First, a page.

Overview: When 11-year-old Riley is uprooted from her life in Minnesota with a sudden move to San Francisco, her emotions (Joy, Anger, Fear, Disgust, and Sadness) find themselves working overtime to navigate the hardships of growing older. Disney Pixar; PG; 2015, 102 minutes.
Inside Childhood: Visually, Inside Out is dazzling and breathtakingly imaginative. To create an interesting world inside of a child’s head is one thing, but to create a world that feels true to life, that feels honest and real, well, that’s another thing entirely. I’m in awe of the things Inside Out does, and out of respect for the film, I’m not going to reveal any more about the inner workings of Riley’s mind than what I already have. Every single thing comes together for this movie. The ambitious concept is skillfully and intelligently written by co-directors Pete Docter and Ronaldo Del Carmen. The direction is sharp, the score is appropriately whimsical and sentimental, and the voice acting is as strong as any you’re going to find.
Outside Adulthood: Voice and comic actors Phyllis Smith and Amy Poehler are standouts. What Smith creates with Sadness is a character who is riotously hilarious in one moment, and harrowingly heartbreaking in the next. As Joy, Poehler radiates more than just the happiness her character is nominally known for. She captures the desperate optimism that all of us felt as children, and the shining brightness that too many of us lose sight of throughout the rest of our lives. Inside Out inspires us to find that outlook again, and to hold on to it, even as we acknowledge that life is going to get sad sometimes, and that’s all right too. Like other Pixar films, Inside Out entertains all ages, and is packed full of a mature, sombre humor that even the adults in attendance can enjoy. My personal favorite was a quick, yet clear Chinatown reference which the Hollywood audience that I was a part of found delightful.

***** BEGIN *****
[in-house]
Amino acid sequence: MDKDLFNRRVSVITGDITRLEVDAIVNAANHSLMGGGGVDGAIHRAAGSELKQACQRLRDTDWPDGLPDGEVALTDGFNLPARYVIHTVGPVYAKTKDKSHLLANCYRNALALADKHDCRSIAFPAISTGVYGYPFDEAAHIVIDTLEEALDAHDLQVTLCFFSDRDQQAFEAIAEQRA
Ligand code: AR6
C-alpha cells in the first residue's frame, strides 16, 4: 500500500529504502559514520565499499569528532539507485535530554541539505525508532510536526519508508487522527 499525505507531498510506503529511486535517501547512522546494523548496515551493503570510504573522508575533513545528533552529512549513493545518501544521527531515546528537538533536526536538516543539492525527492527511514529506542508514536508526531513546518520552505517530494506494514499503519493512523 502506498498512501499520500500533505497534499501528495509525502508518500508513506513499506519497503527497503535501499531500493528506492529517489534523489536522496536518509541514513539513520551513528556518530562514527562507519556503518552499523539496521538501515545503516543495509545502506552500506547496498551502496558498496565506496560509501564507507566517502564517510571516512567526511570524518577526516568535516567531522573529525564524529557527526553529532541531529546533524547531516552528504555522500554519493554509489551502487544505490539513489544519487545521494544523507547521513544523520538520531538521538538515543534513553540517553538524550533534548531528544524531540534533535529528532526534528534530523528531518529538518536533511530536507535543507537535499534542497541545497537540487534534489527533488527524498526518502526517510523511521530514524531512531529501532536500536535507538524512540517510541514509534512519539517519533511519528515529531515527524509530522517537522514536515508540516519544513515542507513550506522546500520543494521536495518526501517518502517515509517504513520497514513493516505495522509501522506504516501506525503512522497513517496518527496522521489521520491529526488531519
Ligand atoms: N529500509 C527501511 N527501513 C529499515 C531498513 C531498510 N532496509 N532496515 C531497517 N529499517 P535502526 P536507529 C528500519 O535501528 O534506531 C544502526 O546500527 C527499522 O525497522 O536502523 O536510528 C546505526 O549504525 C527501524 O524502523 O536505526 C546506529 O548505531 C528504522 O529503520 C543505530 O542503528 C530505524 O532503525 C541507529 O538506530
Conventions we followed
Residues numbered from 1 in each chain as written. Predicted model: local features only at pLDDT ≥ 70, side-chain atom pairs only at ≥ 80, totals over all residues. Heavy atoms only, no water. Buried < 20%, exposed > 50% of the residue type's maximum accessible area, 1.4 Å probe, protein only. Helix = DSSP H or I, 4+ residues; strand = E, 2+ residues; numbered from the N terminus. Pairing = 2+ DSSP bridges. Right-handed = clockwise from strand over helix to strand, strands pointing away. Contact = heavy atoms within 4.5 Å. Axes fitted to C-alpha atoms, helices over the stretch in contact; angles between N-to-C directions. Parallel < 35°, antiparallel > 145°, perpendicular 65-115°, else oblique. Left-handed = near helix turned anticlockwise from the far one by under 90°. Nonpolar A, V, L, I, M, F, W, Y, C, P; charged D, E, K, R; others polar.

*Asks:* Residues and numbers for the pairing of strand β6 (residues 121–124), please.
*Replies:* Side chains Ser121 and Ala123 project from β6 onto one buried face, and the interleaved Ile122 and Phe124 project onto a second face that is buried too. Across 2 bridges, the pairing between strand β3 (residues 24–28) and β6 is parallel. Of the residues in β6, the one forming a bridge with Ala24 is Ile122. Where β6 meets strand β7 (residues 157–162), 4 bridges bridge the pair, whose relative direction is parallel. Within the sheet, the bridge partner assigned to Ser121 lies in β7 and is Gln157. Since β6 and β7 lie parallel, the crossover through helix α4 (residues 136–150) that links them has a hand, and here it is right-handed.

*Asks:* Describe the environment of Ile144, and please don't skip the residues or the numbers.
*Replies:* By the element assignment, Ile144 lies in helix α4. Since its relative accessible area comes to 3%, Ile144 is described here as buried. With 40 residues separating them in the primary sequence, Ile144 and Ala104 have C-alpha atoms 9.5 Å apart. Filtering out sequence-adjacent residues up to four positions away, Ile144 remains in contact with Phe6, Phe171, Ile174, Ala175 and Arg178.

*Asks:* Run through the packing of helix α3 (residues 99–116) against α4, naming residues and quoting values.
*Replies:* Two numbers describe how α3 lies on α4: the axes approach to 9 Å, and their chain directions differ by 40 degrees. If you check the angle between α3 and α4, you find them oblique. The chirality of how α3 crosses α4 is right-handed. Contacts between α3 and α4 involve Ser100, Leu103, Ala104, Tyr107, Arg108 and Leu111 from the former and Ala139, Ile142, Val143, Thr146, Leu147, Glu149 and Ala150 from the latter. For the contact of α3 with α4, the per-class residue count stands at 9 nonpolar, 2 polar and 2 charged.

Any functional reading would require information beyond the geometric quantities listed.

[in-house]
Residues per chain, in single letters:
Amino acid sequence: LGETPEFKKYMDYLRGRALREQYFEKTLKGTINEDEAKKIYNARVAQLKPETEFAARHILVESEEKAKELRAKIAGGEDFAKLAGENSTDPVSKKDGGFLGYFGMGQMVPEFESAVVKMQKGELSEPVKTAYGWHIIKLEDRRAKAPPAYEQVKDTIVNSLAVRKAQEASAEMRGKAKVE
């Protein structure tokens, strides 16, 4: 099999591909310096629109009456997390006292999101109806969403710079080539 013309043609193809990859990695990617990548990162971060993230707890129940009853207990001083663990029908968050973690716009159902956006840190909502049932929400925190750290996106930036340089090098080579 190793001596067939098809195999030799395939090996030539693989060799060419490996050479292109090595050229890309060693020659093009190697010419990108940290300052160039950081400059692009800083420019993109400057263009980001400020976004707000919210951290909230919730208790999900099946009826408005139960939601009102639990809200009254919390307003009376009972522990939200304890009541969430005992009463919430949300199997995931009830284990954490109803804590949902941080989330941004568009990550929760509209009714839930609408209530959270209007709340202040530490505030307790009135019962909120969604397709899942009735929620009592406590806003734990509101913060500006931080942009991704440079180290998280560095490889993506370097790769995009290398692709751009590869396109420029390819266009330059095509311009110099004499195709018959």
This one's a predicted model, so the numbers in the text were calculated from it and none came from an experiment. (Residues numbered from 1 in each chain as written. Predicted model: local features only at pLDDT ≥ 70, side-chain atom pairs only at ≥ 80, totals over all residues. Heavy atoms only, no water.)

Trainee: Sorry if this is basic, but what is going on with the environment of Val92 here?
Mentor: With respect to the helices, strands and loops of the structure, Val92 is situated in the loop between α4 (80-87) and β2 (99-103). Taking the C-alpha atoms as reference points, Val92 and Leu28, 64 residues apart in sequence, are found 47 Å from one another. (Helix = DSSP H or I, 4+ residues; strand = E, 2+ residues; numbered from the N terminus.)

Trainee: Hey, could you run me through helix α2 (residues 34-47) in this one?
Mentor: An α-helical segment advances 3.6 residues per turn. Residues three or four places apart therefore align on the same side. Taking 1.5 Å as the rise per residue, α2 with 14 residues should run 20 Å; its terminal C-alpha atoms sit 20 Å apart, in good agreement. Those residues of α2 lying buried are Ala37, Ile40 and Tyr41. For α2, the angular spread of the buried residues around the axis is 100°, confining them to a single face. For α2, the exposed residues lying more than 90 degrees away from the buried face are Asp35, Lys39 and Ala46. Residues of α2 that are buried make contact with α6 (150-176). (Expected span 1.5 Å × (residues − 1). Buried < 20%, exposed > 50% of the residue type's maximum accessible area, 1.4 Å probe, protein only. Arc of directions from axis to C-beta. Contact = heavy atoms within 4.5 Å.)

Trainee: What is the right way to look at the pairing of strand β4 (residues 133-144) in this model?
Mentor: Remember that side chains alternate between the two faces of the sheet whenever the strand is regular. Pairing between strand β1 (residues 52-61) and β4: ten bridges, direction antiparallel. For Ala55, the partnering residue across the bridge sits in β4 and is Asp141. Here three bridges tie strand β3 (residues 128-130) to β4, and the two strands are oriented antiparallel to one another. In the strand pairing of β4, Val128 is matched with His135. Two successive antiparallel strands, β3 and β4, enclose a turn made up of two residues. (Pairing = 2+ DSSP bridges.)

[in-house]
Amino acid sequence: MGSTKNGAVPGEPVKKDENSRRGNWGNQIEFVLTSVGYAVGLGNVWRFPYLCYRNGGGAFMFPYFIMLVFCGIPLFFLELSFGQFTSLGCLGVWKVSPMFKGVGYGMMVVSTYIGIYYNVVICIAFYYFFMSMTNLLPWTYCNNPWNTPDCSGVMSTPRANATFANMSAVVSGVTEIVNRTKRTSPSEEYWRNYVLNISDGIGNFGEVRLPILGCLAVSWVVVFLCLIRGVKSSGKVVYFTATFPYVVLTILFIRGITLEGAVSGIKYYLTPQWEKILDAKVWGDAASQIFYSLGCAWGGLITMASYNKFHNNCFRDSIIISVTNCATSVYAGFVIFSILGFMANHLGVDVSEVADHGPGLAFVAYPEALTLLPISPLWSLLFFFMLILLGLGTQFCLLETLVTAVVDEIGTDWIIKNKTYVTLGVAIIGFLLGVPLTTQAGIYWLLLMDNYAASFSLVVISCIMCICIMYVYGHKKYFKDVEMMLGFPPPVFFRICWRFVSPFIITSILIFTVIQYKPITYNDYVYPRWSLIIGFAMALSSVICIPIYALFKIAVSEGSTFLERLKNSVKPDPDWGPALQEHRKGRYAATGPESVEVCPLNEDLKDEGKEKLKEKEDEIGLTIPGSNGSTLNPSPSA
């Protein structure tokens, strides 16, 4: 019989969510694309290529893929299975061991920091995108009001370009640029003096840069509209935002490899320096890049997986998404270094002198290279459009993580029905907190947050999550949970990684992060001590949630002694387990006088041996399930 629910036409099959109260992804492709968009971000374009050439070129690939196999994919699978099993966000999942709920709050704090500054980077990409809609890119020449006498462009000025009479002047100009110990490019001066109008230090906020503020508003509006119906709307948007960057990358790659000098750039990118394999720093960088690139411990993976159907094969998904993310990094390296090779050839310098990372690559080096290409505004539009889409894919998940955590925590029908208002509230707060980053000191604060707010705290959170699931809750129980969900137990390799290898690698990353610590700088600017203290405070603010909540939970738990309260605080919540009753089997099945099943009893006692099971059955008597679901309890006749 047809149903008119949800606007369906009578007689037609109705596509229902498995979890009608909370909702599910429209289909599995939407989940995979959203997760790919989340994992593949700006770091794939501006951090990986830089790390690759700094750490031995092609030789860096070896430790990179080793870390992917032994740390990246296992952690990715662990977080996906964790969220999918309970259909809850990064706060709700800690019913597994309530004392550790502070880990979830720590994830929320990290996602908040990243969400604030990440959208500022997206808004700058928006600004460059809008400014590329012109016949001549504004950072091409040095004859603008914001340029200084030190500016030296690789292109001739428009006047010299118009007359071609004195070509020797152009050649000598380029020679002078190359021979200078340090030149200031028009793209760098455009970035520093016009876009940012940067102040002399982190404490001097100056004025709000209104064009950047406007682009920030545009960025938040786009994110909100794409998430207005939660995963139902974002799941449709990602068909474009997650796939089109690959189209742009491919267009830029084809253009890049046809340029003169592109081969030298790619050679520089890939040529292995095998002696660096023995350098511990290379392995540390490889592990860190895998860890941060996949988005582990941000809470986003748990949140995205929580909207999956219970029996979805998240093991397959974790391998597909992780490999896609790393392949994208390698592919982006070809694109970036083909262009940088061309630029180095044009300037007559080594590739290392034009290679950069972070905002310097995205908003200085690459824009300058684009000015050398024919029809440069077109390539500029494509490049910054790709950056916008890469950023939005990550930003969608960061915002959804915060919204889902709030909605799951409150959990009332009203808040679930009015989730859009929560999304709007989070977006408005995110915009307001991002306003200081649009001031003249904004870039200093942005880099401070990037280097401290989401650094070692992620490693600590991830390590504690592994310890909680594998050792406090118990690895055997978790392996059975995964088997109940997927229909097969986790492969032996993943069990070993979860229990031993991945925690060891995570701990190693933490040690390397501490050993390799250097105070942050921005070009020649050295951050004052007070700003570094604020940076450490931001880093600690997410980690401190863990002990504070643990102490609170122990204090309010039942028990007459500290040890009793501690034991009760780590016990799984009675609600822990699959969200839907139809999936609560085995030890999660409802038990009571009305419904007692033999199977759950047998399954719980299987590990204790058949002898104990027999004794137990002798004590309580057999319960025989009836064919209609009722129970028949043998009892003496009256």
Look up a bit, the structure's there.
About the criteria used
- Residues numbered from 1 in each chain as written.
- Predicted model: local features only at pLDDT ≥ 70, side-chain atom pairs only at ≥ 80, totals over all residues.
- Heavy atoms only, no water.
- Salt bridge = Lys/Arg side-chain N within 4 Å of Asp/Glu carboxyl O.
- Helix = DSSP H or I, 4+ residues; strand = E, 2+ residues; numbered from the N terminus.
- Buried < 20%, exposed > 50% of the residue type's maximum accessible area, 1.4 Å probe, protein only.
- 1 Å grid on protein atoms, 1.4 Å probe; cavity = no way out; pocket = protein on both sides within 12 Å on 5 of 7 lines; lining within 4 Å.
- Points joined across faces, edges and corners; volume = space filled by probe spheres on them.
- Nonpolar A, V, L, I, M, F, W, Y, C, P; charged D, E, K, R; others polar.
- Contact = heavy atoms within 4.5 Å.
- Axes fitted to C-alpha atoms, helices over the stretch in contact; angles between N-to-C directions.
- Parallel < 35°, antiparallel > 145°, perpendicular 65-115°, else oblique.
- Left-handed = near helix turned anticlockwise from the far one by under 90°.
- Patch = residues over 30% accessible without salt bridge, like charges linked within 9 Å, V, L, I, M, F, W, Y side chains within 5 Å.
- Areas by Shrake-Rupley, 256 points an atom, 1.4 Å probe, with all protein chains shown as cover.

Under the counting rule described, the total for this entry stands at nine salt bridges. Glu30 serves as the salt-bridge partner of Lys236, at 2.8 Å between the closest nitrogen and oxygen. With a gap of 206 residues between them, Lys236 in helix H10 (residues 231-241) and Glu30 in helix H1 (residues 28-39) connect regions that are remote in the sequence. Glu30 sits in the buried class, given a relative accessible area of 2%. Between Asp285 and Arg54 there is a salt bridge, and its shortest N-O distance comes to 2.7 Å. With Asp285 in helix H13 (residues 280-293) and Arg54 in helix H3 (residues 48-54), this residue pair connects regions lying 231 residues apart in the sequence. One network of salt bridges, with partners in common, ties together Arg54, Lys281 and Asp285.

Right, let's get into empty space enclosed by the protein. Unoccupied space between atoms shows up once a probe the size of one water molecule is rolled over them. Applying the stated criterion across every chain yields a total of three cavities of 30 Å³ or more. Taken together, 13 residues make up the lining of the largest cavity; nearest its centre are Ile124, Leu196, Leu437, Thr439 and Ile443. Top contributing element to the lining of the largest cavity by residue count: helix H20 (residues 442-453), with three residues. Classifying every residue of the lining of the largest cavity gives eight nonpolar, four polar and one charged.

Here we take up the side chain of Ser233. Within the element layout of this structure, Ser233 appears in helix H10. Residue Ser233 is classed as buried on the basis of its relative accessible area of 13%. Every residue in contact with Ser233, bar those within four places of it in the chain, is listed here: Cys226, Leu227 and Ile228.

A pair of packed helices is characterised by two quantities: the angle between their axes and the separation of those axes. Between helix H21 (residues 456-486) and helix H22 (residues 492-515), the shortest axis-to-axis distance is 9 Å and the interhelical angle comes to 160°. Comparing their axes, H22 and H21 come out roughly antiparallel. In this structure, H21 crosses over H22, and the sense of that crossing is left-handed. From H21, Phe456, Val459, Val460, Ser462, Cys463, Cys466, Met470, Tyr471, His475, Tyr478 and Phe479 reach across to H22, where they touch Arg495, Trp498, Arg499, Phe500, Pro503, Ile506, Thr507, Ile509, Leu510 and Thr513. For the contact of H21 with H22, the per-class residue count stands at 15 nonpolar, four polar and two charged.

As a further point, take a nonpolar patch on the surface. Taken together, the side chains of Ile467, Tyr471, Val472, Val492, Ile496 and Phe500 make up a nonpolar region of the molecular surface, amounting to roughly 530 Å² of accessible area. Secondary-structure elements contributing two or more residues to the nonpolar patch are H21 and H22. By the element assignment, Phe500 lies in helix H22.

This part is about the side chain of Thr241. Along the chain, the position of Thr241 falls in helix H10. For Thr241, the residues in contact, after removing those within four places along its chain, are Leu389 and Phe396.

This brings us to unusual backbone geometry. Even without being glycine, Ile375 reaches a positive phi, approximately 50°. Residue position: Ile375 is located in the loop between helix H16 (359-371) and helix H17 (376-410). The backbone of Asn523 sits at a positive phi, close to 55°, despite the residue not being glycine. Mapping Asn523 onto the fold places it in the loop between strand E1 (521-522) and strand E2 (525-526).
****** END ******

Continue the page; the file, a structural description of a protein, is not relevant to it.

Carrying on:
Life Itself: Rarely have I connected with a film on such a deep, emotional level in quiet the same way that I have connected with Inside Out. I don’t know quite how Disney and Pixar does it, but Docter and Carmen have nailed the way it feels to grow up. More than that, they have captured exactly what life feels like. Inside Out doesn’t try to mask life’s hard truths. Instead, it embraces the dark times. It looks hardship right in the face, and dares to find beauty in sadness. Our memories are rarely good or bad, joyous or sad. Usually, they’re tinged with a bit of everything, because that’s the way life itself is. Inside Out is stunning, and wonderful, and frustrating, and enlightening, and terrifying, and so many more things all at once. Inside Out understands all of that, and projects it back to the viewer on the big screen.
Overall: This has been a terribly difficult review for me to write, because it’s been a long time since I loved a movie the way that I loved Inside Out, and I want so badly to do it justice. Inside Out is a clever, heartbreaking, satisfying film that’s grounded in a beautiful combination of gentle humanity and honest truths. But the most important thing I want you to take from this review is the following: Inside Out is a wonderful movie, and I sincerely hope you’ll go see it.